“Jesus…said, “It is finished,” and he bowed his head and gave up his spirit….one of the soldiers pierced his side with a spear, and at once there came out blood and water. He who saw it has borne witness—his testimony is true, and he knows that he is telling the truth—that you also may believe.” (John 19:30, 34-35 ESV). The emphatic witness John bears to the piercing of Christ bears a symbolic significance of the deepest kind[2]. Out of the pierced heart of Jesus flows blood and water, this physical emptying of the contents of Christ’s heart is a sign that the heart of the Father was emptied for us in the death of the Son. On the cross Jesus must atone for the worst of all human sins, the conviction that God is a heartless ‘Father’, by being exposed to this experience of God as heartless; “why have you abandoned me?” Misery however does not triumph, for the pierced corpse of Christ is not a dead weight but a sign of victory. The blood flowing from the cross is potent to forgive sin (Eph 1:7) and the water from his side is a spring of cleansing that wells up to eternal life (John 4:14).

As water flowed from the pierced inner being of the Son the Spirit will likewise flow out of our inner beings (John 7:37-39). In Ezekiel, the river of God flows from the temple altar out to the sea bringing freshness, healing and multiplication of life wherever it goes (Ezekiel 47:8-9)[3]. It is the will of the Father that his Spirit flows through the temple of his Church bringing wellness to the spiritual and relational aridity of our land. But how will this be? The answer is as simple as it is difficult.


Three grief’s need to be connected in us: first, the grief of the Father concerning the suffering of the Son, which moved him to raise him Jesus from the dead and exalt him to a place of power; second, the grief of the Godhead concerning the terrible moral and spiritual condition of Australia, and particularly the treatment and state of Indigenous peoples; third, the grief of the Church over the tragedy that our nation has from its foundations un-fathered the Father and reckoned him to be heartless. This third grief is the missing link.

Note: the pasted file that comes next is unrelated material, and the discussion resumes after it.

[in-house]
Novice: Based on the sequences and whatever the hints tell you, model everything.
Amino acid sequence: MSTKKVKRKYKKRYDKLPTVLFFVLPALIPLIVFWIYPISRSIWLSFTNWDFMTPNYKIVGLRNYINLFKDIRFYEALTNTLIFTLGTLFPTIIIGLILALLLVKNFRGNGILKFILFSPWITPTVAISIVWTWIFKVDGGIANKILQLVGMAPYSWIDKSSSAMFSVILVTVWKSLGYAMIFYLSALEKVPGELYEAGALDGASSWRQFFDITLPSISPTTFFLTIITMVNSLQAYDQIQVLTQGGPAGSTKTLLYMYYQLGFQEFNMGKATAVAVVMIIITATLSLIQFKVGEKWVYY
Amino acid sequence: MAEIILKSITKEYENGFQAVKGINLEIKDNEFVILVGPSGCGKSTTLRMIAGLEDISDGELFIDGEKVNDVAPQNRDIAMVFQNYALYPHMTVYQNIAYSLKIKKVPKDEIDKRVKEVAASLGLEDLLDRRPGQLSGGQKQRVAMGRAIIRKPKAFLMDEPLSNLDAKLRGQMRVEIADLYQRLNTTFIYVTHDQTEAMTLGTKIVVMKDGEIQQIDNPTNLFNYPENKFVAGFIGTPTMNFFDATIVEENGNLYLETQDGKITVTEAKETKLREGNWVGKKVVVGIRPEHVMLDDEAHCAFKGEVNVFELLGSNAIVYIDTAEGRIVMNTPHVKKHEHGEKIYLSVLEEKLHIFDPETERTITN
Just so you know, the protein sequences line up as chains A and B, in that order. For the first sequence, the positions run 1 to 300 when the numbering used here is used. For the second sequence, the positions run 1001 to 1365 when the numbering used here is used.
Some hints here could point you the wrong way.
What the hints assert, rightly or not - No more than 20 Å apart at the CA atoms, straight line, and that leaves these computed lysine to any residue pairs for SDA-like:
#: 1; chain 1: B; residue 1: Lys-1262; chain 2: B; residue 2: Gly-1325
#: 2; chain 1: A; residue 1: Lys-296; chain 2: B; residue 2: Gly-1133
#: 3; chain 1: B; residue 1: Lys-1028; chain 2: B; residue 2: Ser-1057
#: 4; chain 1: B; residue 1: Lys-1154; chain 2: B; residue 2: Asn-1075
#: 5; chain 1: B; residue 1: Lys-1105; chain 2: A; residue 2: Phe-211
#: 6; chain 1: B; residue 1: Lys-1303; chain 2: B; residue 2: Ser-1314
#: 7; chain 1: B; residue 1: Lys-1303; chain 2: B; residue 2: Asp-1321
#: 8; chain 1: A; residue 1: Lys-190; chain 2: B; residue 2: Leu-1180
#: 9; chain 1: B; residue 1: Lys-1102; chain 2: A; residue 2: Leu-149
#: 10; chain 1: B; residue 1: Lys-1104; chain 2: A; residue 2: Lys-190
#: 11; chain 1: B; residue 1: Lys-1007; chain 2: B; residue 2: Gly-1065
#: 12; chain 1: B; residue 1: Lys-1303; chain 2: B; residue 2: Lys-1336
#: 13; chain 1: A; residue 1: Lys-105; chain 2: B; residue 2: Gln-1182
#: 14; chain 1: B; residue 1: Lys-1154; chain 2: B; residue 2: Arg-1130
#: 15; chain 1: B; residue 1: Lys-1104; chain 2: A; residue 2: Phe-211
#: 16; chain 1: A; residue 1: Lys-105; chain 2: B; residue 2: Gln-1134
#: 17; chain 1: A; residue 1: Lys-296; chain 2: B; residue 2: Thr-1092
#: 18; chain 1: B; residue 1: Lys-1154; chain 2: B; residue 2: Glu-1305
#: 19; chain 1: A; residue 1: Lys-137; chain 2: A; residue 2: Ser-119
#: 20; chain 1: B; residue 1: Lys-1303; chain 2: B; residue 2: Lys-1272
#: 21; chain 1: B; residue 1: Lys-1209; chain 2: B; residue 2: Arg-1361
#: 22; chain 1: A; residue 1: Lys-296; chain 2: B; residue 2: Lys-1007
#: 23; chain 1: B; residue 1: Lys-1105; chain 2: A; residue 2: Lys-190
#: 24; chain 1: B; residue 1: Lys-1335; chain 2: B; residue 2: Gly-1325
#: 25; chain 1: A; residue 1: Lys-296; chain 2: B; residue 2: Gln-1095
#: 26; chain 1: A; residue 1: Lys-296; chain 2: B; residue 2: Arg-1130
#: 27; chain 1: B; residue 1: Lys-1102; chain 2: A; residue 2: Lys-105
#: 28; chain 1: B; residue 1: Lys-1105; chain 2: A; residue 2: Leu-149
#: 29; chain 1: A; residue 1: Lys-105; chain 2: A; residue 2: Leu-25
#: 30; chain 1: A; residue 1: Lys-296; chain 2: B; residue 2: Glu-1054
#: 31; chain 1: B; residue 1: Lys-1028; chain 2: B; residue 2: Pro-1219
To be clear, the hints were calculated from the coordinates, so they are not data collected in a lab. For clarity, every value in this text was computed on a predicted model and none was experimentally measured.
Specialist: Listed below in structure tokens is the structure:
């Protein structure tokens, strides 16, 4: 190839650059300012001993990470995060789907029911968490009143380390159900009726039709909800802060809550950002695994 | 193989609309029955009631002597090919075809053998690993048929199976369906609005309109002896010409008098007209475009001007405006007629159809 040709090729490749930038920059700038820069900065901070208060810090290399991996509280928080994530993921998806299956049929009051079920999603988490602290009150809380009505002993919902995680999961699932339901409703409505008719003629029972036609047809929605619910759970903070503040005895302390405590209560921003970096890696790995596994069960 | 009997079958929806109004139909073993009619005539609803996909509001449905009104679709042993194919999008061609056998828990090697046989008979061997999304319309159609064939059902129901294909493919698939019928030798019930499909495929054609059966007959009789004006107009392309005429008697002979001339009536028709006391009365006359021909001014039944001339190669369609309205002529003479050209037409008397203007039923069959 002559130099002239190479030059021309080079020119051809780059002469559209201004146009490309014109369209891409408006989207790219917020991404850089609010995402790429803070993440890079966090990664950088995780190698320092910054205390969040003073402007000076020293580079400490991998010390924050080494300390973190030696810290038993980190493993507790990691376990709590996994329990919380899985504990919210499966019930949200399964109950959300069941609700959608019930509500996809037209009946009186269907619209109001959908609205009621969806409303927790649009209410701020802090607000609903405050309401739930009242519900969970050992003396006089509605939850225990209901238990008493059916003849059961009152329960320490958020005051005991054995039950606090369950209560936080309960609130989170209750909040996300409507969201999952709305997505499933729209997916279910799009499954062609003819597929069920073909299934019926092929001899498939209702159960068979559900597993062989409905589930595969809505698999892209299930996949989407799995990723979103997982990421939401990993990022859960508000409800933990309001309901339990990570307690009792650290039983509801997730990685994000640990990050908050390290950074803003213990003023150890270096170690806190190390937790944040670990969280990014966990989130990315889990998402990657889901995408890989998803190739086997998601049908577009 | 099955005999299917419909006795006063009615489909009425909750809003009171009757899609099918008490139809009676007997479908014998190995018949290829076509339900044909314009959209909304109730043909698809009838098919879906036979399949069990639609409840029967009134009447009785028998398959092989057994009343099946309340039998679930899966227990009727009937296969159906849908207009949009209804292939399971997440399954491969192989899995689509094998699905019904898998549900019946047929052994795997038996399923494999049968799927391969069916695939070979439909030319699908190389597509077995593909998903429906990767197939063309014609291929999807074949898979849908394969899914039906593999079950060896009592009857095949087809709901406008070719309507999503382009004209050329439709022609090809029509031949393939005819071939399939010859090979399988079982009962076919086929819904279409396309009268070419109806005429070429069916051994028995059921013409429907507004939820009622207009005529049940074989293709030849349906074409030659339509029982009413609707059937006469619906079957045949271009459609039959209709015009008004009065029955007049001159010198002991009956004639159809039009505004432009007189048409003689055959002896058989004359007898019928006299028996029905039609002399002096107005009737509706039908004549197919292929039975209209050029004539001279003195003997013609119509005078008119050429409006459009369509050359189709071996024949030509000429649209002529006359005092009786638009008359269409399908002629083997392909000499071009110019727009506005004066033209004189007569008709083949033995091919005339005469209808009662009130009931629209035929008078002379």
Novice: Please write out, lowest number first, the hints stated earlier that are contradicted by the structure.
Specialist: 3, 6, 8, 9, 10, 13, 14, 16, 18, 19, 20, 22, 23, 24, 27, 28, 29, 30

I sensed the Lord leading me in prayer the other day to ask, “Deepen my wound”. I can only imagine this to mean that we as the priests of God in our land must groan as with pierced and emptied hearts for the miseries of Australia, and that when we do the blood and water, forgiveness and cleansing, shall flow once more into our land bringing life and healing wherever they go (1 Pet 2:9).

The prayer, “Deepen my wound” must not however be prayed simply alone. Such a dangerous prayer depends for its power upon the people groups of Australia bowing the knee together before our one Father (Eph 3:14). It is only as we adopt this posture that the Father’s promise to the Son will prove true, “at the name of Jesus every knee should bow, in heaven and on earth and under the earth, and every tongue confess that Jesus Christ is Lord, to the glory of God the Father.” (Philippians 2:10-11 ESV). Upon this visible humility the future of our nation depends.

[1] Including ecological ones.

[2] Equivalent to the “cry of dereliction” (Matt 27:46; Mark 15:34), which John omits.

[3] The connection with the spring by the Swan flowing out to sea points to spiritual renewal.